Unlike the benefits from time savings, which are somewhat difficult to measure definitively and probably impossible to forecast accurately, the construction and operation of a national rail system has a definite and observable impact on the economy, both regional and national. Research has found that every $1 billion of federal investment supports 36,000 jobs in public transportation and related industries. These jobs are estimated to make a $1.8 billion contribution to the GDP annually.
A number of studies demonstrate the economic impact of both the construction and maintenance of a national rail system and the impact of train stations on the value and quality of a geographic area. Improving train stations and railroad/public transportation efficiency is consistently found to lead to increased property value, employer labor access, and the average income of the area serviced by these improvements.
The UK transportation consulting firm Steer Davies Gleave found that investments in the Sheffield train station in England resulted in a 67% increase in local property values. Investments in the Manchester Piccadilly station produced a 33% increase in local property values and created 650,000 square feet of new and refurbished office space.
In New Jersey, three railway improvement projects, including the construction of the Secaucus Junction station, reportedly led to an $11 billion increase in the value of homes located within two miles of the improvements. The proposed ARC project could cut commute times by 10 minutes and raise the average home's value by $19,000.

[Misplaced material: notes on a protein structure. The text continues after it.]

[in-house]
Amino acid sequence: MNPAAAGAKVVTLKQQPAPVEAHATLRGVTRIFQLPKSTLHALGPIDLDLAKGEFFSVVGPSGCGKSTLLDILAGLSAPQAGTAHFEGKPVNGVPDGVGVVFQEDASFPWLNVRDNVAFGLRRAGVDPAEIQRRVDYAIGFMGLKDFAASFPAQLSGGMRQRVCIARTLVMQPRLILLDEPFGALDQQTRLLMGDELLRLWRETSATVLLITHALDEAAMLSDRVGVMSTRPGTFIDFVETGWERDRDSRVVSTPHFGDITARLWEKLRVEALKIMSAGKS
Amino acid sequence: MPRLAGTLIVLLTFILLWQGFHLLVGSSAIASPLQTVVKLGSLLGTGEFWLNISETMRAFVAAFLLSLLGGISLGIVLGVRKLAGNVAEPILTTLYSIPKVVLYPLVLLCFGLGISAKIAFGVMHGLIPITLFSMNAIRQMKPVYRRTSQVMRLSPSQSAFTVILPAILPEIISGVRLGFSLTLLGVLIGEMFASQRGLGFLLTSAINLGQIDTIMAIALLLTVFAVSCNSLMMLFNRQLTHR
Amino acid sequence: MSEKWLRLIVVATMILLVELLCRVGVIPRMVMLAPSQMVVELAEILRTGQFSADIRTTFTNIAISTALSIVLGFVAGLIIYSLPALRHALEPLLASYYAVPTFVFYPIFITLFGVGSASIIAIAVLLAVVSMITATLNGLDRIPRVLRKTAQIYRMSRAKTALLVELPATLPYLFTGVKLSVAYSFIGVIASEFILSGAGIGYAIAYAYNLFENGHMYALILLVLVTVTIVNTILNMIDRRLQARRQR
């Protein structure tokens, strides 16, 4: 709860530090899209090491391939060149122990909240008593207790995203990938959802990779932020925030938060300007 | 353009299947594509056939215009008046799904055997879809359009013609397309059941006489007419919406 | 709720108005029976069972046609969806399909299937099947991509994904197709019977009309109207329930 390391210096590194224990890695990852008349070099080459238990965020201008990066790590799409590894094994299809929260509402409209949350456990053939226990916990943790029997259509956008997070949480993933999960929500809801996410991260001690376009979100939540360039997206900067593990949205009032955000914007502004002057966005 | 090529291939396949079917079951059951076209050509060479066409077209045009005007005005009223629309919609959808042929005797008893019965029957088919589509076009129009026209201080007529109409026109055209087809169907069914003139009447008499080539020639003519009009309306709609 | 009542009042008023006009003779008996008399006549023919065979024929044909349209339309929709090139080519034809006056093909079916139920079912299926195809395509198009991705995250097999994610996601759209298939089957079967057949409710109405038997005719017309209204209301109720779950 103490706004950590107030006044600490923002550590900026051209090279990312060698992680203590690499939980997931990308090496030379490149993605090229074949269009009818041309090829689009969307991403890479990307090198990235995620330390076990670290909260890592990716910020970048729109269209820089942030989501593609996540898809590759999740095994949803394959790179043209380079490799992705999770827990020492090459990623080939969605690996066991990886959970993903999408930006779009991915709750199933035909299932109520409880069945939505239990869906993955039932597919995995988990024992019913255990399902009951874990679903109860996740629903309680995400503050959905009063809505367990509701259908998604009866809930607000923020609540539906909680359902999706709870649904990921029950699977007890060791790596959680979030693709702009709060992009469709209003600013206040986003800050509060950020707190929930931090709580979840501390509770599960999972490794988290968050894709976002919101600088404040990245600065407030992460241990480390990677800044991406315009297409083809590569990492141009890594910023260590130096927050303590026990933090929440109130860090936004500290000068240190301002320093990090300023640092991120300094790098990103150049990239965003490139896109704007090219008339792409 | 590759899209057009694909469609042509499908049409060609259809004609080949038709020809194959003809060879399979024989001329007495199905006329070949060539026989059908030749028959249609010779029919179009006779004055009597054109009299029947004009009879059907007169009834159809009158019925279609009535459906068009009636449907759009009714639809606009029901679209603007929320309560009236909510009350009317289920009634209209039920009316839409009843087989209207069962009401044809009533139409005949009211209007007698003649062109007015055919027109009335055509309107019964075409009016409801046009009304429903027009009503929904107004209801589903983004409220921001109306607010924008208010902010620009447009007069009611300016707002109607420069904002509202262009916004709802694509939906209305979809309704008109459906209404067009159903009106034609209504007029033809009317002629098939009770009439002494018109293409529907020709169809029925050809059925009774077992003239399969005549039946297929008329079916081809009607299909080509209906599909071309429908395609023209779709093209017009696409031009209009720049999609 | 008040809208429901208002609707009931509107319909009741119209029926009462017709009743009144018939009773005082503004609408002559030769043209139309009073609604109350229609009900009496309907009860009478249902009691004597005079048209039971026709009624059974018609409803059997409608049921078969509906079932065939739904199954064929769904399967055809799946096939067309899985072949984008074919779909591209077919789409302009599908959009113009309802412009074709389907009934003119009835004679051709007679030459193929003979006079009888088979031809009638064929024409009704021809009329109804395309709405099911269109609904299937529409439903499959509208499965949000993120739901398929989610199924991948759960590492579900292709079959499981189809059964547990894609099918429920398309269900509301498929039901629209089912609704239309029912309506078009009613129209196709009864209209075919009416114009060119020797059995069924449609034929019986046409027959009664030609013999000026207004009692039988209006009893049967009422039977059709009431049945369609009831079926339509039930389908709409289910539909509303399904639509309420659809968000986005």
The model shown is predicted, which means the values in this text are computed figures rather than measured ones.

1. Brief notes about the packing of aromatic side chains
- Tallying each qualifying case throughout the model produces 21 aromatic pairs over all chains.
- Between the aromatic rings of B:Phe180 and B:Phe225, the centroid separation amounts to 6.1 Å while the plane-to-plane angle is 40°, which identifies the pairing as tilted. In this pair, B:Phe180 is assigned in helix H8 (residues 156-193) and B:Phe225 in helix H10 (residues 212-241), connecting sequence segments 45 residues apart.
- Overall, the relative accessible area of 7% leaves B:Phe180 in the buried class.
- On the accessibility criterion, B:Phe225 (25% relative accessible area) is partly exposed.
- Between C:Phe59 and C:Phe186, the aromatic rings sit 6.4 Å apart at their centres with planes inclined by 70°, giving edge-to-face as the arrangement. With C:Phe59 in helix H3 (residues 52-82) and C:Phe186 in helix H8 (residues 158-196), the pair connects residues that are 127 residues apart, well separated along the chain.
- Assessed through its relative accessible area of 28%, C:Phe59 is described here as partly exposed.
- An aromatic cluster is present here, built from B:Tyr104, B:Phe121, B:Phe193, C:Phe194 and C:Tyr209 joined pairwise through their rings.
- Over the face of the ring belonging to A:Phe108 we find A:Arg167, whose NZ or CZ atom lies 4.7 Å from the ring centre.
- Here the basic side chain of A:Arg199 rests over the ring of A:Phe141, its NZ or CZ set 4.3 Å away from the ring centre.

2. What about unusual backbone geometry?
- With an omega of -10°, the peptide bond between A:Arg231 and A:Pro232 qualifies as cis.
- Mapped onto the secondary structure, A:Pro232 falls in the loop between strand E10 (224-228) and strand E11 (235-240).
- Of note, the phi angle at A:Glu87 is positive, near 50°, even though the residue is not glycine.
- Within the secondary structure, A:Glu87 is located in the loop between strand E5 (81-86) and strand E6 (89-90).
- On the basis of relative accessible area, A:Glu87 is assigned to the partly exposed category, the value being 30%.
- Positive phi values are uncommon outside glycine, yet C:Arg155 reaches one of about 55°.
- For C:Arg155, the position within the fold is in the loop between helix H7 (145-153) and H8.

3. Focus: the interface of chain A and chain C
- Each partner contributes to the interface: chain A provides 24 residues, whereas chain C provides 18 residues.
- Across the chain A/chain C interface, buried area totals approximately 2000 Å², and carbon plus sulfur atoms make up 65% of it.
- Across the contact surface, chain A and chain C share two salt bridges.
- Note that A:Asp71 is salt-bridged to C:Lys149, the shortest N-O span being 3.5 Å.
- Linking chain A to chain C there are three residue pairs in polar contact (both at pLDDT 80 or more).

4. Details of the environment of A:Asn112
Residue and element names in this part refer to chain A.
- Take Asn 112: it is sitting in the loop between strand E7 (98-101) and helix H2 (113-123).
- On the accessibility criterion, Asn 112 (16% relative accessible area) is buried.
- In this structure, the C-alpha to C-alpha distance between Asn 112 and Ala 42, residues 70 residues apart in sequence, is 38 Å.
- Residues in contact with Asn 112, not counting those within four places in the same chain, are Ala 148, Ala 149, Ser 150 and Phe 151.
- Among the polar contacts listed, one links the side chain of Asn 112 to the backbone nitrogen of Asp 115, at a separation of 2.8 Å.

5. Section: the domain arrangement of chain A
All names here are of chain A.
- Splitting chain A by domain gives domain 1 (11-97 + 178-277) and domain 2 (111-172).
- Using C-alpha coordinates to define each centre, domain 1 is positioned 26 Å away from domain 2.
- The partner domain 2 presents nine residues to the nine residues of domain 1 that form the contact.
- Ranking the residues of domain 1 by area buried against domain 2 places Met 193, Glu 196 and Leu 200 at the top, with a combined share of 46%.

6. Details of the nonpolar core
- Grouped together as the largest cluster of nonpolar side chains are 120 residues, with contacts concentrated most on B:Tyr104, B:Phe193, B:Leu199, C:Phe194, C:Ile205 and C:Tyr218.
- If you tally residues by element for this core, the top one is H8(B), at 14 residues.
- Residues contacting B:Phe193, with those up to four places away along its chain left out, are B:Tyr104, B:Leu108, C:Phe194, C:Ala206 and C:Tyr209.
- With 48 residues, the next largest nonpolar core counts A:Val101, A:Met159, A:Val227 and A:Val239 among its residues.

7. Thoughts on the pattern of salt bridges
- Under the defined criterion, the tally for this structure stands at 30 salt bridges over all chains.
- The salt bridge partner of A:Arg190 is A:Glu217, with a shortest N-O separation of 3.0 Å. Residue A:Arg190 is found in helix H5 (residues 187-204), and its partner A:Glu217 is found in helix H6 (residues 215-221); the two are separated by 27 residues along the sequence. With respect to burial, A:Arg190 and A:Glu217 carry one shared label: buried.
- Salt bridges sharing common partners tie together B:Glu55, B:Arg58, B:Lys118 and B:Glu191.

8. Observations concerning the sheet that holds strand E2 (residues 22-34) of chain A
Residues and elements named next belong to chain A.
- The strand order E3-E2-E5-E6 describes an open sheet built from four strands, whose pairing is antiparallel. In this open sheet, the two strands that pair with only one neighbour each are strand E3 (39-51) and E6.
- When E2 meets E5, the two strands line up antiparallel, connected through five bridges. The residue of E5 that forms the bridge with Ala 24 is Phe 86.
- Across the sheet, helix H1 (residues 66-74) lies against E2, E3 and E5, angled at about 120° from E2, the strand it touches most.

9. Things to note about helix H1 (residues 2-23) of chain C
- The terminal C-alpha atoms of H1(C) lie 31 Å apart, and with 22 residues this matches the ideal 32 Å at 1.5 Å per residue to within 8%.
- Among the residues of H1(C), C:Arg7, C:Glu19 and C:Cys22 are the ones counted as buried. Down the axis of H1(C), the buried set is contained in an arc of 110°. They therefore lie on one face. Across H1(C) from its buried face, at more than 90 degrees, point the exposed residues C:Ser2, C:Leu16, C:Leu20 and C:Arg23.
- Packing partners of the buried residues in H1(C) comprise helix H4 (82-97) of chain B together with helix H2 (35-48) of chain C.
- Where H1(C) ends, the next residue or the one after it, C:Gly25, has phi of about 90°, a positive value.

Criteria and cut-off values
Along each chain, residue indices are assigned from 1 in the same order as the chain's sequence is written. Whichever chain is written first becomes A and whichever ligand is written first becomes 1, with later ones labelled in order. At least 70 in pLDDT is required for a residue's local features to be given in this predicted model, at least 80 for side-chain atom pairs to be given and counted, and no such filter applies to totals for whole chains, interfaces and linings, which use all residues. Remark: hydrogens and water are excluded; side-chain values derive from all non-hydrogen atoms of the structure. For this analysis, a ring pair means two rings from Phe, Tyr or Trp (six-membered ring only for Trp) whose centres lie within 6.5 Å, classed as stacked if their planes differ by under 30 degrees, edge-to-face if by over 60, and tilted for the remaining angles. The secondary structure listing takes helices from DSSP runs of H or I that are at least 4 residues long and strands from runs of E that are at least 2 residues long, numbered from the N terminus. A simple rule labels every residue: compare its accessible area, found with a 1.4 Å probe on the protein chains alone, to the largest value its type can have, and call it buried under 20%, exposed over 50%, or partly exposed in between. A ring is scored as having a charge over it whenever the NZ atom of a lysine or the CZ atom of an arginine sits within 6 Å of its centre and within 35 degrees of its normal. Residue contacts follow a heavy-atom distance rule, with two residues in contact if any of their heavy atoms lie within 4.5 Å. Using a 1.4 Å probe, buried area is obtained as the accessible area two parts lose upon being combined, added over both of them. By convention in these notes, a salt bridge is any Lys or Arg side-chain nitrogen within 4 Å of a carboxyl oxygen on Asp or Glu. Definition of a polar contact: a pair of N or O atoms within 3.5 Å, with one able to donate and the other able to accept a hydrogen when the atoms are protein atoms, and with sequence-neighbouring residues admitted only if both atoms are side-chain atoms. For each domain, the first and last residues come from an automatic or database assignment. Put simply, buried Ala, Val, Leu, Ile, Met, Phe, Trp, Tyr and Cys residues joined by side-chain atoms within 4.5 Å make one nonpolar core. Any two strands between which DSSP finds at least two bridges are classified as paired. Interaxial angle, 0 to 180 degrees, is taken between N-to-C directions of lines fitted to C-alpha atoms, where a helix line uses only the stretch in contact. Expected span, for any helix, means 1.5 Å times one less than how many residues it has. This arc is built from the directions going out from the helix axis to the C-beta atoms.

A 1994 report by Hiroshi Okada says the construction of a Shinkansen (or "Bullet Train") station in Kakegawa, Japan, resulted in an influx of tourism; increased production, employment, and sales; and provided easy access to Tokyo, Osaka, and Kyoto.
There are problems with using rail projects in the Northeast and Japan to demonstrate the possible economic benefits of a national high-speed railway in the United States.
First, public transportation is established in the Northeast and Japan. Traveling to New York City from the suburbs via train is common recreationally and professionally, because it eliminates the need to find parking, pay tolls, and navigate city streets in a car. Further, buses, taxis, and the subway make it easy to travel quickly and cheaply around the city. Much of the nation does not have such a public transportation system. In Japan, rail travel never went away the way it has here. There is still significant competition between rail and air service. The choice of either service depends largely on the time spent on a commute.
Second, as illustrated by the success of the Shinkansen, trains have to operate exceptionally well to steal away frequent fliers. In America, it's assumed that a high-speed railway will present an attractive alternative to high airfare and the post-9/11 security system that clogs airports. However, unless comfort, travel times, and service frequency are comparable or superior to what airlines are offering, it seems unlikely that trains will compete with airplanes on a national level.
Will such a project ever truly pay for itself? If used, the answer is yes. People are willing to use public transportation, as its record use in recent years shows. The question is how much money and research it would take the railways to regain recognition as a viable, comfortable, and efficient means of cross-country transportation.